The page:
Background: Clinical leaders are faced with making the decision to utilize products with varied designs without enough evidence to make an informed decision. An example of this problem is the decision regarding whether to change from uncoated to antimicrobial or antibiotic catheters to prevent Central Line Associated Blood Stream Infection (CLABSI).
Purpose: This study compares the effectiveness of three types of central venous catheters (CVC): (1) non-coated (2) antimicrobial (silver) and (3) antibiotic coated. The four CLABSI outcome measures were: (1) CLABSI rate per 1,000 catheter days, (2) gram positive organism cultures per total admissions (3) gram negative organism cultures per total admissions, (4) yeast organism cultures per total admissions.
Methods: This retrospective study assessed the comparative effectiveness of CVCs in a trauma hospital population (n = 10,680) admitted between July 01, 2006 and June 30th, 2011. Monthly data were obtained for the time periods when each catheter type was purchased. Linear mixed models (LMMs), with data nested within units, were used to examine differences among the three periods in BSI rates and frequency of organism type.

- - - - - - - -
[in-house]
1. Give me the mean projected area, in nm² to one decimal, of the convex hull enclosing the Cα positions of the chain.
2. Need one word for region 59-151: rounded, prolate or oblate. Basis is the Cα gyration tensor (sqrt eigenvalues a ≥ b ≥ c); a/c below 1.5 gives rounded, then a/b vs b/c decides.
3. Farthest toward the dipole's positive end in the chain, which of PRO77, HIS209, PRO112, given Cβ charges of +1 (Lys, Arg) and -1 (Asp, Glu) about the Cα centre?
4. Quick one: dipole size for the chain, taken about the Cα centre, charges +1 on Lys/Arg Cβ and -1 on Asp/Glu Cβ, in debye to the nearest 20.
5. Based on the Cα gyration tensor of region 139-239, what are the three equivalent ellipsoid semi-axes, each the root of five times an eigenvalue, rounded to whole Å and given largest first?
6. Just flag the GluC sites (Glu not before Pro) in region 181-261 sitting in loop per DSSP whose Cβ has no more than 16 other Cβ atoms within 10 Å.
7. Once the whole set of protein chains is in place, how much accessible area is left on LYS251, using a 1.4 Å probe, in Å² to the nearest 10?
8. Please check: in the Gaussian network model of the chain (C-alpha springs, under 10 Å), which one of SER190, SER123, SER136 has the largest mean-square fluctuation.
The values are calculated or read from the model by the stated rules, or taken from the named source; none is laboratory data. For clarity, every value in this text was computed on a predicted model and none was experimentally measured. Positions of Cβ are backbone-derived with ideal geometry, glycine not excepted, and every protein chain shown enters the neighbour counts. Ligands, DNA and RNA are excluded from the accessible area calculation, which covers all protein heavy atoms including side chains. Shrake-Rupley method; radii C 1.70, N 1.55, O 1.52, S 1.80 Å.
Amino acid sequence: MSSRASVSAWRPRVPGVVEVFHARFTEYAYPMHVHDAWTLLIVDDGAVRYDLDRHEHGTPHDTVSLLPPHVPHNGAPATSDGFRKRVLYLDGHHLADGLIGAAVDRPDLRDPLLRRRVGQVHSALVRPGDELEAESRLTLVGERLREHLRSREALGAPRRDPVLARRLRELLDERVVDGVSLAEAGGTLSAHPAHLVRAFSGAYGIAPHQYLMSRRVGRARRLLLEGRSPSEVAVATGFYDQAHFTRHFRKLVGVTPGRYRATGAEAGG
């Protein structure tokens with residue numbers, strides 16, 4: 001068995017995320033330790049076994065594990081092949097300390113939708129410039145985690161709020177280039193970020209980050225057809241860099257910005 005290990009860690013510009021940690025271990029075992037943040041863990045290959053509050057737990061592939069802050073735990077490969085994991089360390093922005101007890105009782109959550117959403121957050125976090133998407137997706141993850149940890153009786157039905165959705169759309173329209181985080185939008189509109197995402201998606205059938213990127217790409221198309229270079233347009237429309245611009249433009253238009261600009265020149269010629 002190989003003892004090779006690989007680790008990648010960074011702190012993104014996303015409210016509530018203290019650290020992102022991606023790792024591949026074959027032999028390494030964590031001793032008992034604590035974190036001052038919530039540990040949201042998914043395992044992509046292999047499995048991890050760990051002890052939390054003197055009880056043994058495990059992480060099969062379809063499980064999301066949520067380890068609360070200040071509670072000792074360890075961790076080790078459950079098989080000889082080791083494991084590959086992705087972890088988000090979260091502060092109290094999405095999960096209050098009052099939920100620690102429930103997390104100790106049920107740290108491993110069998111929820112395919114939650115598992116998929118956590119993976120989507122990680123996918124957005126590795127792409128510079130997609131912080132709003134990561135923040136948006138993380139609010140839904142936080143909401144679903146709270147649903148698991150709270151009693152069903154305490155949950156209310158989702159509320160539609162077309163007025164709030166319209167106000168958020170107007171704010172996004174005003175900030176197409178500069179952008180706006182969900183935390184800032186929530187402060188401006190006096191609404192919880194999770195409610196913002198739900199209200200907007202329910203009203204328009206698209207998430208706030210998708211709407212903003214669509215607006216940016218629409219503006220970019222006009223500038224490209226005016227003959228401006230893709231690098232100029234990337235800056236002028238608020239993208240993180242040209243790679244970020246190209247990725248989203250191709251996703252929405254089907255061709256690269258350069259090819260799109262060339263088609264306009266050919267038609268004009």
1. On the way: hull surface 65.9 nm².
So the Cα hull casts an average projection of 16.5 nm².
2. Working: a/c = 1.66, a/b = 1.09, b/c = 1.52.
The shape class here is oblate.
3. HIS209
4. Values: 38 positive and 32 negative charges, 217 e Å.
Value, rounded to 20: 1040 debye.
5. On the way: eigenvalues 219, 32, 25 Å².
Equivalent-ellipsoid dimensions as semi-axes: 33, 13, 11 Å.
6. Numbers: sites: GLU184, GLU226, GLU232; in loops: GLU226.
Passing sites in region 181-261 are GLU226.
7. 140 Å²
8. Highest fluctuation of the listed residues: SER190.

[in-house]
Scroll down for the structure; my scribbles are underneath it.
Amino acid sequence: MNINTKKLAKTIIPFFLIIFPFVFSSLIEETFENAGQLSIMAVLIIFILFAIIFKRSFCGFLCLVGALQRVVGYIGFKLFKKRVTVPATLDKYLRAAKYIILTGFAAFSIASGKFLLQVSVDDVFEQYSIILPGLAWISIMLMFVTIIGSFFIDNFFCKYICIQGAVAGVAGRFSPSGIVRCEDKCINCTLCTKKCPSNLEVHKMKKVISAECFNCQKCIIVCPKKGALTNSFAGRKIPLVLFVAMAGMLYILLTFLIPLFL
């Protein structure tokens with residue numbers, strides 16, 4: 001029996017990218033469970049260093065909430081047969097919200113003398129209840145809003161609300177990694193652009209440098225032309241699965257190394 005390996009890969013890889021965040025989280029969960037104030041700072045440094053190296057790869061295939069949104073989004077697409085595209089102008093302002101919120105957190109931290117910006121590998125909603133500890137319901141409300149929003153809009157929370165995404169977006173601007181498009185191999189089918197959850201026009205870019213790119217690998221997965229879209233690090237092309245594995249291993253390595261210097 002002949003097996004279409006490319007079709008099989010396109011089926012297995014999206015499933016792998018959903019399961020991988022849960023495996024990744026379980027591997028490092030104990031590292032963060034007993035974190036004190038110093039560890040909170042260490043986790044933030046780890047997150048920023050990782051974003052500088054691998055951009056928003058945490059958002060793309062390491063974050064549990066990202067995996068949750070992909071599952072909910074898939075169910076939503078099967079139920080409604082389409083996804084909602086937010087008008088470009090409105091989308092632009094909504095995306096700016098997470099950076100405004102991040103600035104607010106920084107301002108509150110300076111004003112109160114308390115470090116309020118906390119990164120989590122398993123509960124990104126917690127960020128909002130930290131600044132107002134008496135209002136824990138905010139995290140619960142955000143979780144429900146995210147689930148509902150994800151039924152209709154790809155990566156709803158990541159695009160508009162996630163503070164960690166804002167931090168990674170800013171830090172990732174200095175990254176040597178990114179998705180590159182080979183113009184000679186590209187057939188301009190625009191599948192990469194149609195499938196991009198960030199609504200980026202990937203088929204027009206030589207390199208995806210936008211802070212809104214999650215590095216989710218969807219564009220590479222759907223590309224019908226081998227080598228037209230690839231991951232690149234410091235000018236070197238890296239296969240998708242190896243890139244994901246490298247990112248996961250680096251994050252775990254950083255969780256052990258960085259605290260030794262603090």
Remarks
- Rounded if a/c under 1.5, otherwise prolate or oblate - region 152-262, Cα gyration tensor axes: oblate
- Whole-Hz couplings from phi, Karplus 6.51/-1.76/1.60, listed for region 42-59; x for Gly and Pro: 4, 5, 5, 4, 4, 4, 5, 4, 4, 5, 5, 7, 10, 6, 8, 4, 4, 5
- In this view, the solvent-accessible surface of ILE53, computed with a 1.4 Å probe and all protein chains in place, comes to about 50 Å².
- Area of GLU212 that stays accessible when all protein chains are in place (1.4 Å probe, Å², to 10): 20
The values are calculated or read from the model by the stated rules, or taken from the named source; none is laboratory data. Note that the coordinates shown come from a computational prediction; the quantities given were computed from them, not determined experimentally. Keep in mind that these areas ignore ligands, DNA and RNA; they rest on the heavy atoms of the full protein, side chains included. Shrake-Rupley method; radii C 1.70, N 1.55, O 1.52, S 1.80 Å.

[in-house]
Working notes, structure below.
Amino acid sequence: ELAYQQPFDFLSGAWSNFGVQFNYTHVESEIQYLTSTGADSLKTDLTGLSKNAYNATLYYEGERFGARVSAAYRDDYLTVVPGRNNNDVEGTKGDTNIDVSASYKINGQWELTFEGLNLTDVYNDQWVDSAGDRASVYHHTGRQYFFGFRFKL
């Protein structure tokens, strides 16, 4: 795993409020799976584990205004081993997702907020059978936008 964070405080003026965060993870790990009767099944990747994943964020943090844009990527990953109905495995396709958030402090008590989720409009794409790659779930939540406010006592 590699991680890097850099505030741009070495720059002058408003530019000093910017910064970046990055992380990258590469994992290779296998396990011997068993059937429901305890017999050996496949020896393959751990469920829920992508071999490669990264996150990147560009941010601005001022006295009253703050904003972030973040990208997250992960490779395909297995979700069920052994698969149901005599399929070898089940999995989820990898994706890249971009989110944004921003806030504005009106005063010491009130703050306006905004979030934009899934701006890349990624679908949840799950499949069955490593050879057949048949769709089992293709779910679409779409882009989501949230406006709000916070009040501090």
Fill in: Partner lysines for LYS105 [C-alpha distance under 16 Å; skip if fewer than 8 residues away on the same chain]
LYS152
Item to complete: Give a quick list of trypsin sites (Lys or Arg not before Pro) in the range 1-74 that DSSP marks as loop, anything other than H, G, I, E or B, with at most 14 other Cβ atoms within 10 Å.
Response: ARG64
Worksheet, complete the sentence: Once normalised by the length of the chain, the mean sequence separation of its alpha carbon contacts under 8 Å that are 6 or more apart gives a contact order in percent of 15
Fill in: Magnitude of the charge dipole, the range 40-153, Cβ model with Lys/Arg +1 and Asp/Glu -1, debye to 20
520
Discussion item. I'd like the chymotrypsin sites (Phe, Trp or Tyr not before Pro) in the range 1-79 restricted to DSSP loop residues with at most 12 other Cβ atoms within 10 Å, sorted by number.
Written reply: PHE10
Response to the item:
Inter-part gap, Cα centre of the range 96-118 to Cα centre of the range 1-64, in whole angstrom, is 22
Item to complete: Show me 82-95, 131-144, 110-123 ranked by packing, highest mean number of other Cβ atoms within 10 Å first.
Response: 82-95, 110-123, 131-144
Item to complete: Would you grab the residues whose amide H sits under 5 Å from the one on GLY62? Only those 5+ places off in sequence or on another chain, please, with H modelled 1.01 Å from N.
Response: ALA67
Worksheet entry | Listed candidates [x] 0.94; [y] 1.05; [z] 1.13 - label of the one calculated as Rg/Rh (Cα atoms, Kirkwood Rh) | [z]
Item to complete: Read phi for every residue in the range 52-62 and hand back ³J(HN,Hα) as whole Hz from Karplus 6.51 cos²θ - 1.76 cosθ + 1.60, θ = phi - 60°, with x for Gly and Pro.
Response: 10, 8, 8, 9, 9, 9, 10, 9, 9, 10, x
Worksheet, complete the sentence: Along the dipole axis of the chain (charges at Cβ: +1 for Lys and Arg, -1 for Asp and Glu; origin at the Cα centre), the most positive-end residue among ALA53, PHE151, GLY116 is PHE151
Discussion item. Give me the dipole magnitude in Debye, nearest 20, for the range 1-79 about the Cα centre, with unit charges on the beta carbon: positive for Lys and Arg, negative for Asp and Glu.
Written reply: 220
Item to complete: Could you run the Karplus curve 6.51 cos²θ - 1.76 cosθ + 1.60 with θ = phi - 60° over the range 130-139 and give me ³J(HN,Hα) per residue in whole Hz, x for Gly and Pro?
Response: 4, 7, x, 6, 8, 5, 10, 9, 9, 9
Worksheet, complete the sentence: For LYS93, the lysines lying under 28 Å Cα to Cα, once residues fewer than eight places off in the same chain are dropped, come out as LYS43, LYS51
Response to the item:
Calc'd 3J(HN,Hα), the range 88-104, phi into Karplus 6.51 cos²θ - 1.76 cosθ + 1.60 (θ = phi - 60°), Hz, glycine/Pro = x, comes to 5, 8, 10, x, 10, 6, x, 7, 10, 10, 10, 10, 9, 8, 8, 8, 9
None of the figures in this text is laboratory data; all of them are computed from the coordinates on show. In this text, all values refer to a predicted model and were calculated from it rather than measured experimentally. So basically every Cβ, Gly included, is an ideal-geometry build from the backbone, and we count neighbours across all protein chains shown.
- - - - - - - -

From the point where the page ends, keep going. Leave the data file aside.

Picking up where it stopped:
Results: Antibiotic coated catheters reduced BSI rates (beta=4.054, p <0.001) and gram negative organisms (beta=6.608, p <0.001). Silver impregnated catheters reduced gram negative organisms (beta= 3.194, p=0.009) compared with uncoated catheters.
Conclusion: Further improvement in CVC technology is required to be effective for broad spectrum of organisms. Large prospective randomized clinical trials are needed to determine the effectiveness of devices to inform purchasing decisions.
|Commitee:||Johnson, Karen, Nahm, Eun-Shim, Seidl, Kristin, Thomas, Sue A.|
|School:||University of Maryland, Baltimore|
|School Location:||United States -- Maryland|
|Source:||DAI-B 74/09(E), Dissertation Abstracts International|
|Keywords:||Catheters, Central lines, Coated catheters, Infection, Trauma patients|
Copyright in each Dissertation and Thesis is retained by the author. All Rights Reserved
The supplemental file or files you are about to download were provided to ProQuest by the author as part of a
dissertation or thesis. The supplemental files are provided "AS IS" without warranty. ProQuest is not responsible for the
content, format or impact on the supplemental file(s) on our system. in some cases, the file type may be unknown or
may be a .exe file. We recommend caution as you open such files.
Copyright of the original materials contained in the supplemental file is retained by the author and your access to the
supplemental files is subject to the ProQuest Terms and Conditions of use.
Depending on the size of the file(s) you are downloading, the system may take some time to download them. Please be